On January 7, 2020, Chief United States Bankruptcy Judge Cecilia G. Morris of the United States Bankruptcy Court for the Southern District of New York issued a notable opinion in the case of Rosenberg v. N.Y. State Higher Education Services Corp., granting summary judgment in favor of a U.S. Navy veteran who was seeking to discharge $221,385.49 in federal student loan debt.
The debtor first borrowed money to fund his undergraduate studies at the University of Arizona between 1993 and 1996, where he obtained a Bachelor of Arts degree in History. After serving five years in the Navy, he attended Cardozo Law School at Yeshiva University, borrowing additional sums for the cost of that tuition between 2001 and 2004. After graduating from law school, he consolidated his student loan debt on April 22, 2005 in the principal amount of $116,464.75.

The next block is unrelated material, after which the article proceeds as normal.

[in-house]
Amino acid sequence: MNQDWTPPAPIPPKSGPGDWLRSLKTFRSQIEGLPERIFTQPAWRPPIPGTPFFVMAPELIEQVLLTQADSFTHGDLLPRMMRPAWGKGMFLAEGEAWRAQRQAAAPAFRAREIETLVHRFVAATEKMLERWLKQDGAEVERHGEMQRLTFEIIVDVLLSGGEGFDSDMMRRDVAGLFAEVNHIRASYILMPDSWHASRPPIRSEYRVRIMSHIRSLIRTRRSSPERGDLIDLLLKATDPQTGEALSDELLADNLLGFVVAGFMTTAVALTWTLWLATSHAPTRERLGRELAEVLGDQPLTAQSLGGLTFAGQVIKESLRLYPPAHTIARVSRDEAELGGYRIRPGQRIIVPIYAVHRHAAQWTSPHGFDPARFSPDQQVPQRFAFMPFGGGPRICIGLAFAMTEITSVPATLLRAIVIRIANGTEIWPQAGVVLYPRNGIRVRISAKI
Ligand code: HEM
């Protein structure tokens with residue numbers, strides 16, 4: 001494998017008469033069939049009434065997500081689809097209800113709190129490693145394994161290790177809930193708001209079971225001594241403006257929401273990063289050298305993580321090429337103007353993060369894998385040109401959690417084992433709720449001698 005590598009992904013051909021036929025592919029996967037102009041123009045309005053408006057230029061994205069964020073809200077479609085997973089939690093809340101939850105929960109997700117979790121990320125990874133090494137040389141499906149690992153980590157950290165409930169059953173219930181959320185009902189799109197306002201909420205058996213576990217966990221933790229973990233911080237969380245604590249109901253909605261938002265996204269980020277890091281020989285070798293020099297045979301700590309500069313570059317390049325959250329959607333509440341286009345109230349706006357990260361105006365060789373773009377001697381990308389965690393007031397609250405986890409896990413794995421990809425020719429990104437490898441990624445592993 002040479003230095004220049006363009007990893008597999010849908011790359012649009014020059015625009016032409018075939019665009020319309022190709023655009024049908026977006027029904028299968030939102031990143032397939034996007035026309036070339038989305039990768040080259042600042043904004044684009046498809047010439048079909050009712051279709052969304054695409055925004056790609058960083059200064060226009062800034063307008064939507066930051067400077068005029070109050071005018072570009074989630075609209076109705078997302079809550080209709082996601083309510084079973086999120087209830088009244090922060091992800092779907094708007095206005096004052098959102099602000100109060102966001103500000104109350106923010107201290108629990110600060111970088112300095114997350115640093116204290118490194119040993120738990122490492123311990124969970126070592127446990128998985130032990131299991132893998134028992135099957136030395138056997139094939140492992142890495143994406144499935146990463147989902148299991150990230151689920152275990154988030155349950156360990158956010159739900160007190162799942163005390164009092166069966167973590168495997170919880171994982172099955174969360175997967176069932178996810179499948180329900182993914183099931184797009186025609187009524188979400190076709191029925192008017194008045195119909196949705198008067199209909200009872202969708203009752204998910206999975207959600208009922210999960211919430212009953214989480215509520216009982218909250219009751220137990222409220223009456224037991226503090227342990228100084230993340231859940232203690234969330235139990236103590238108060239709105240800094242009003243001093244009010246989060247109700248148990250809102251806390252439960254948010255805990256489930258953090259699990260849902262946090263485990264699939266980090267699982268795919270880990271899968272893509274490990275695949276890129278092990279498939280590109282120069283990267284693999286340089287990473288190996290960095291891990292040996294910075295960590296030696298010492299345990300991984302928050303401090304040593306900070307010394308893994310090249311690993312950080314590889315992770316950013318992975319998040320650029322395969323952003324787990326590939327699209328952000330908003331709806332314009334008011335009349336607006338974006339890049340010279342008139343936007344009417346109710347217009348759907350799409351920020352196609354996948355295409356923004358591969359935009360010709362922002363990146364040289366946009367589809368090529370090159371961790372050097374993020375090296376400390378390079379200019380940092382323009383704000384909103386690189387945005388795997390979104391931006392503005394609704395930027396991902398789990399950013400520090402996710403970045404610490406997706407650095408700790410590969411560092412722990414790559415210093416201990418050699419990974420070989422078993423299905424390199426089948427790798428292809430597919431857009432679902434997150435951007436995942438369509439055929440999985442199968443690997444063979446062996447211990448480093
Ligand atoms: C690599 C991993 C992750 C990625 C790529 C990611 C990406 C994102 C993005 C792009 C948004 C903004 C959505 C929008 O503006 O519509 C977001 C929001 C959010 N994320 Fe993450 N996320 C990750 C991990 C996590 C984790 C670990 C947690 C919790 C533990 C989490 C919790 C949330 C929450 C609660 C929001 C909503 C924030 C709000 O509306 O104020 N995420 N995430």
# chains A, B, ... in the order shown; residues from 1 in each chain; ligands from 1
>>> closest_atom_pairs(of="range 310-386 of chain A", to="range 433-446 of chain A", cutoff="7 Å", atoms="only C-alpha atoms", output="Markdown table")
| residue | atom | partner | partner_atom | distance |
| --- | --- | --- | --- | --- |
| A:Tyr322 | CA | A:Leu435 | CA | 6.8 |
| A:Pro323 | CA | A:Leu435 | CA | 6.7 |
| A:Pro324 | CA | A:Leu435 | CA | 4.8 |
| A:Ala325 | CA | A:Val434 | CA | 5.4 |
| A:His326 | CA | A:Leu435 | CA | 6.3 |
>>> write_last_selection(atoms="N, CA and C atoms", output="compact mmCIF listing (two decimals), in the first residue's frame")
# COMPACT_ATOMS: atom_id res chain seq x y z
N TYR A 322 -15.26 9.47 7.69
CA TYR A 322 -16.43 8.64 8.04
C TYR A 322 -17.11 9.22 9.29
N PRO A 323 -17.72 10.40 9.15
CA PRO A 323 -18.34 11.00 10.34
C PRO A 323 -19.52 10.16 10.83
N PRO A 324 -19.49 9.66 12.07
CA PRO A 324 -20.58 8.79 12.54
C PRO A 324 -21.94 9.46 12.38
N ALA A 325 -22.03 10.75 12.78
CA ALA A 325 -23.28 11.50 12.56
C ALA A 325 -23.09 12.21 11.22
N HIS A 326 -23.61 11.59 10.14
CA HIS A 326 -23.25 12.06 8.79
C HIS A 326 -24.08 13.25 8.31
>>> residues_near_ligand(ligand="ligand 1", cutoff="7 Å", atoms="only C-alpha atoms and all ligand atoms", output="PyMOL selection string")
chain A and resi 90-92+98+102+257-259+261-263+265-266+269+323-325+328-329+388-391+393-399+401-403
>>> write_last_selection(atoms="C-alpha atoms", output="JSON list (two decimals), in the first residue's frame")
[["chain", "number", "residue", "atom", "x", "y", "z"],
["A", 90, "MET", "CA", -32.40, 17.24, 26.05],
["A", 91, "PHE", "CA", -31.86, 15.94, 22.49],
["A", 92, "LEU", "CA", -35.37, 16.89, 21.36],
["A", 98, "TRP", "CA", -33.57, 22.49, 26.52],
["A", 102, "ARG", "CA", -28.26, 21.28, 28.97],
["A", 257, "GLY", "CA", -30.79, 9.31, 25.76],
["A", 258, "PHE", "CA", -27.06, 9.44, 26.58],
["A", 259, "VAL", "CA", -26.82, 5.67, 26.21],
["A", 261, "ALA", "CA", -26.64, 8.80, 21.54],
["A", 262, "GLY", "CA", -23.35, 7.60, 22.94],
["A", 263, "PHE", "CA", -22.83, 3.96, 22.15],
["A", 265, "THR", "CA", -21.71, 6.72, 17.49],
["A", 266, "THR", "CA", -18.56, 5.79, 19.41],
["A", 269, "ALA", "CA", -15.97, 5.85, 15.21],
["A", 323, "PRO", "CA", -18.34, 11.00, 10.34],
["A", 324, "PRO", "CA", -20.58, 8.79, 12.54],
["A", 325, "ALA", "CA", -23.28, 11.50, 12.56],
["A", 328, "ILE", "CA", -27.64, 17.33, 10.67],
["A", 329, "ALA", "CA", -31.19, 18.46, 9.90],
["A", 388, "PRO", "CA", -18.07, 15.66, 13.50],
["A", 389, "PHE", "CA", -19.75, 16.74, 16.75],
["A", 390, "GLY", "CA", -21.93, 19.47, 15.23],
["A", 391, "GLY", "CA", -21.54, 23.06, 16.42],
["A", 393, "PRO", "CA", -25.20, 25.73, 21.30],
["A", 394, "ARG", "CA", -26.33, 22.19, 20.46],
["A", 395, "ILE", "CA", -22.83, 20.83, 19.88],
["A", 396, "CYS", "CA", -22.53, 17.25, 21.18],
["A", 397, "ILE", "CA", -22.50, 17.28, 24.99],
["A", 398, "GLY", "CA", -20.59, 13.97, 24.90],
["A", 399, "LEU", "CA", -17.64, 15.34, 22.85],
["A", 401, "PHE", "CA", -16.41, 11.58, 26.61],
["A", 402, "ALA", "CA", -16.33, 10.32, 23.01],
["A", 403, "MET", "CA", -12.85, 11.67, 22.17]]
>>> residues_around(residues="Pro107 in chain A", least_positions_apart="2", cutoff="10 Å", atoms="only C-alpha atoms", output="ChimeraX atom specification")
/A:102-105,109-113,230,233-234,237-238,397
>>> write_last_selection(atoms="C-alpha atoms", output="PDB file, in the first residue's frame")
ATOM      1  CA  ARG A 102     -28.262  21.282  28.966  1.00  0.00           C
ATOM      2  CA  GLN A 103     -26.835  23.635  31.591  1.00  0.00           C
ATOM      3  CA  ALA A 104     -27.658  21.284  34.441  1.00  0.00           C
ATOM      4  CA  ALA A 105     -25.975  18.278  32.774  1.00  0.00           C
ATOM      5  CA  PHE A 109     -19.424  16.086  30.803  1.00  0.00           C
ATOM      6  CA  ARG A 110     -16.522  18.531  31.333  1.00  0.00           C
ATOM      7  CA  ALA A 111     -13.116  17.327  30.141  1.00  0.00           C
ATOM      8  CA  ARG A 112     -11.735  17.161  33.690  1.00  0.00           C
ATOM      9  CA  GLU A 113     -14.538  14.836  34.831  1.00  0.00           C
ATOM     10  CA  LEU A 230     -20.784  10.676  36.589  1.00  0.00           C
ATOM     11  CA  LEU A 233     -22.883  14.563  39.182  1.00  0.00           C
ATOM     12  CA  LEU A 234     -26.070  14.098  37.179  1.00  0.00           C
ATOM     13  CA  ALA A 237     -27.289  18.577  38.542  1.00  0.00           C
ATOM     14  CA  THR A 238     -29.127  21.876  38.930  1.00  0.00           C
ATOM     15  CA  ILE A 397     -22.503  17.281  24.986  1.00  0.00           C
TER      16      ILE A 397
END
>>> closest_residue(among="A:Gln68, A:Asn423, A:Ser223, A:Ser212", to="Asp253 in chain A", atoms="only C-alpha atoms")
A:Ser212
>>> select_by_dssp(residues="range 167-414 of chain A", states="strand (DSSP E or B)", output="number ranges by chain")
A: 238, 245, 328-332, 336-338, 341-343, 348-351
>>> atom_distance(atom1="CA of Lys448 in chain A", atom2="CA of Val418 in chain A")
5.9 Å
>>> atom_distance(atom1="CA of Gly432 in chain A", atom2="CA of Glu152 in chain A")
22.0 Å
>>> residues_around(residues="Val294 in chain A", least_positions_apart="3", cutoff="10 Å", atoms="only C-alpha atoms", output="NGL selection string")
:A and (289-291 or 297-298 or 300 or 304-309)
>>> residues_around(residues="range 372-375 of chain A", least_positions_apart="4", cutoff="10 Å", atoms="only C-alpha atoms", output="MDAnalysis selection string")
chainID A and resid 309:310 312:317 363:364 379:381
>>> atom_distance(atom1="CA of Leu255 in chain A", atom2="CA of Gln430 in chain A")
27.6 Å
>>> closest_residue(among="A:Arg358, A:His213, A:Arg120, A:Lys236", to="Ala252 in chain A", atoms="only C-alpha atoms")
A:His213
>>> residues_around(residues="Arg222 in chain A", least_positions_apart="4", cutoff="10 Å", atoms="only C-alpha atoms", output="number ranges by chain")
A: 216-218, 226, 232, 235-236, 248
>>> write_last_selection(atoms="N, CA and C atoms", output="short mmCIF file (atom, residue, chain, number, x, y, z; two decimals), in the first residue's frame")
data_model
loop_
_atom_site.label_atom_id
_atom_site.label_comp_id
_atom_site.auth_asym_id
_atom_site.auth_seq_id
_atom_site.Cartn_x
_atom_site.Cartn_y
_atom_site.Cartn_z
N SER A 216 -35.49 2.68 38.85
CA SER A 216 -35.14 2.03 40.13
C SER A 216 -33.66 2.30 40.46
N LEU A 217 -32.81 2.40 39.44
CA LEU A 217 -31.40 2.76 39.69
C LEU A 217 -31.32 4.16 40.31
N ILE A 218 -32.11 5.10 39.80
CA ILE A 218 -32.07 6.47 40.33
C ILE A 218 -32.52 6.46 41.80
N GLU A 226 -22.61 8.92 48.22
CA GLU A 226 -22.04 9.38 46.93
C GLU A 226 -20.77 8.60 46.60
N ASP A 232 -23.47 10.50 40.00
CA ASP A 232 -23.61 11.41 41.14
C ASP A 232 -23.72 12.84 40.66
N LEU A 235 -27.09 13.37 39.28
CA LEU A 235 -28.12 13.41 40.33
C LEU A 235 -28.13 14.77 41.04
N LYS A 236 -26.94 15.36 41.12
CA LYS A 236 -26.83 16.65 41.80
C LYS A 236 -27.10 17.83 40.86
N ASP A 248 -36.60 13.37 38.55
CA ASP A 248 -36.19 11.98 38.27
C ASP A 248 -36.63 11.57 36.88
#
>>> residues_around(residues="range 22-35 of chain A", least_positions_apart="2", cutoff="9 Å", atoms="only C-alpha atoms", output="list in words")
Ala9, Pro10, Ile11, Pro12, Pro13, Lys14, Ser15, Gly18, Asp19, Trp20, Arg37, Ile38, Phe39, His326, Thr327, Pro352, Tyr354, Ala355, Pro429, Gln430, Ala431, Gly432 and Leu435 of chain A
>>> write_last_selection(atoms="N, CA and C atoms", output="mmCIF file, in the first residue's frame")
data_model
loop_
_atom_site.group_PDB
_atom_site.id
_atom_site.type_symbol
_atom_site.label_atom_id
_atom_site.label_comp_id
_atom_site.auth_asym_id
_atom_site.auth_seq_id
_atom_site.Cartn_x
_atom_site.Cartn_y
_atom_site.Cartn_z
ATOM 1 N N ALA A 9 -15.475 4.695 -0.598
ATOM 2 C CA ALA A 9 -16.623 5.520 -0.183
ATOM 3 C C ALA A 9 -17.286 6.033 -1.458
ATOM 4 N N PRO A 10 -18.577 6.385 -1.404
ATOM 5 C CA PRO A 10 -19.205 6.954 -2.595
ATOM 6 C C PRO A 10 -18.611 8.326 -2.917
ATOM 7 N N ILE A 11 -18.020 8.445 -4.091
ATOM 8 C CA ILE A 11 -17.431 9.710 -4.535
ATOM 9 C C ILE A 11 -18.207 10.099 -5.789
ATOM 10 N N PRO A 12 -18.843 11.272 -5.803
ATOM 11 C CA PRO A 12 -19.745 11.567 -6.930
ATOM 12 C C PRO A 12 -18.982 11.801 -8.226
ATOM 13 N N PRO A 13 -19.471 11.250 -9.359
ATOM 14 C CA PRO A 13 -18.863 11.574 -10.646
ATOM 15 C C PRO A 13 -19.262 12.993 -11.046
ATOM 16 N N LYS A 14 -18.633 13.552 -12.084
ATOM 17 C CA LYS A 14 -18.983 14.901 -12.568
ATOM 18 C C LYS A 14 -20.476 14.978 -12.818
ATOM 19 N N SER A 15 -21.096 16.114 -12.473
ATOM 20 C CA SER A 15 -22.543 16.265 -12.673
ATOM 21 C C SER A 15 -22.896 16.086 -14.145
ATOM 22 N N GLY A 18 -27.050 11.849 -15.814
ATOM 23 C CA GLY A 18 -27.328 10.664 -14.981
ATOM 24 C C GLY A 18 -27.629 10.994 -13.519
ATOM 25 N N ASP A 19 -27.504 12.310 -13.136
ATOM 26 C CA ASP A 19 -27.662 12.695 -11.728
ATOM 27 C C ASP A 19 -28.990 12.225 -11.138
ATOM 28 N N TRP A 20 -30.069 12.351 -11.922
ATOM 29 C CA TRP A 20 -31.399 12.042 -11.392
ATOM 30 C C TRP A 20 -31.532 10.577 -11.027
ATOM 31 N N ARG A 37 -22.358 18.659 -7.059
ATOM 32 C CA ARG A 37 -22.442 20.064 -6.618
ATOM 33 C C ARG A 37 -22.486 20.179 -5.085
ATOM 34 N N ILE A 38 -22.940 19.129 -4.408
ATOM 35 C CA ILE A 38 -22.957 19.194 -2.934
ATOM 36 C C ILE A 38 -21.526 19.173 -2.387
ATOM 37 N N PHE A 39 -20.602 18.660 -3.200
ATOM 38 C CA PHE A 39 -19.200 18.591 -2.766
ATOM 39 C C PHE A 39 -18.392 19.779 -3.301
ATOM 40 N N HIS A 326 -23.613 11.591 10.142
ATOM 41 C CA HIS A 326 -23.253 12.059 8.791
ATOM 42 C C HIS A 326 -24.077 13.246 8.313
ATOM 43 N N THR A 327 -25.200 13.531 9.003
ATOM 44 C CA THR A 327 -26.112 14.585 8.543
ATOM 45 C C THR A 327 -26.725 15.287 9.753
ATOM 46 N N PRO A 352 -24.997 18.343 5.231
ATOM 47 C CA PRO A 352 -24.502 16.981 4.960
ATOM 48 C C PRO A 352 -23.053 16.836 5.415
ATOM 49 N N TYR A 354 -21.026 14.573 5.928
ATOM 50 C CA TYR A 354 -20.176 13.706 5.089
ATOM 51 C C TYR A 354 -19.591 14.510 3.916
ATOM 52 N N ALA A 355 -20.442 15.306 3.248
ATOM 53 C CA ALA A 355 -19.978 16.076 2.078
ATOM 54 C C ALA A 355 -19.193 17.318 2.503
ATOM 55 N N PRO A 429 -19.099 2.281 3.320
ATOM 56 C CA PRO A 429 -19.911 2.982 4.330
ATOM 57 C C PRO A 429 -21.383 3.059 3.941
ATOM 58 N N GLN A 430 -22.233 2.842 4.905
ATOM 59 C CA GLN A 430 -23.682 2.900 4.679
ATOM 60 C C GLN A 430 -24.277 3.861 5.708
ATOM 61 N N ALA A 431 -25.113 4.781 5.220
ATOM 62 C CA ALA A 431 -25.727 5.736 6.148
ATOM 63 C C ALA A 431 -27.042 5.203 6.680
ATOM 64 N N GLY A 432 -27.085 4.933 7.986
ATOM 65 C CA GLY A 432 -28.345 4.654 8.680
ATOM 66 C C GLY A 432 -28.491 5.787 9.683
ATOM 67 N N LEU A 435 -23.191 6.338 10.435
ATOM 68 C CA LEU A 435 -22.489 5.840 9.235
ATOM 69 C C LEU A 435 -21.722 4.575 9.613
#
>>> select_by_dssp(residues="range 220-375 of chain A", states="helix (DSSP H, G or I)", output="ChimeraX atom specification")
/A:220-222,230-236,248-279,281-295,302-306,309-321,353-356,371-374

The loan was then in deferment or forbearance for 10 years. In April 2015, the loan went into an income-based repayment plan for one year, over which time the debtor made six payments. The loan went into forbearance again for six months in 2016, and the debtor made three payments of varying amounts, although none were due. The loan went into a standard repayment plan in October 2016, and the debtor made one more payment in 2017. In January 2018, the loan entered default and was accelerated. In total, the debtor made 10 payments and missed 16 over the 26 months that he was responsible for making payments. As of November 19, 2019, when the debtor filed for bankruptcy, with accrued interest and penalties, the total balance of the student loan had grown to $221,385.49.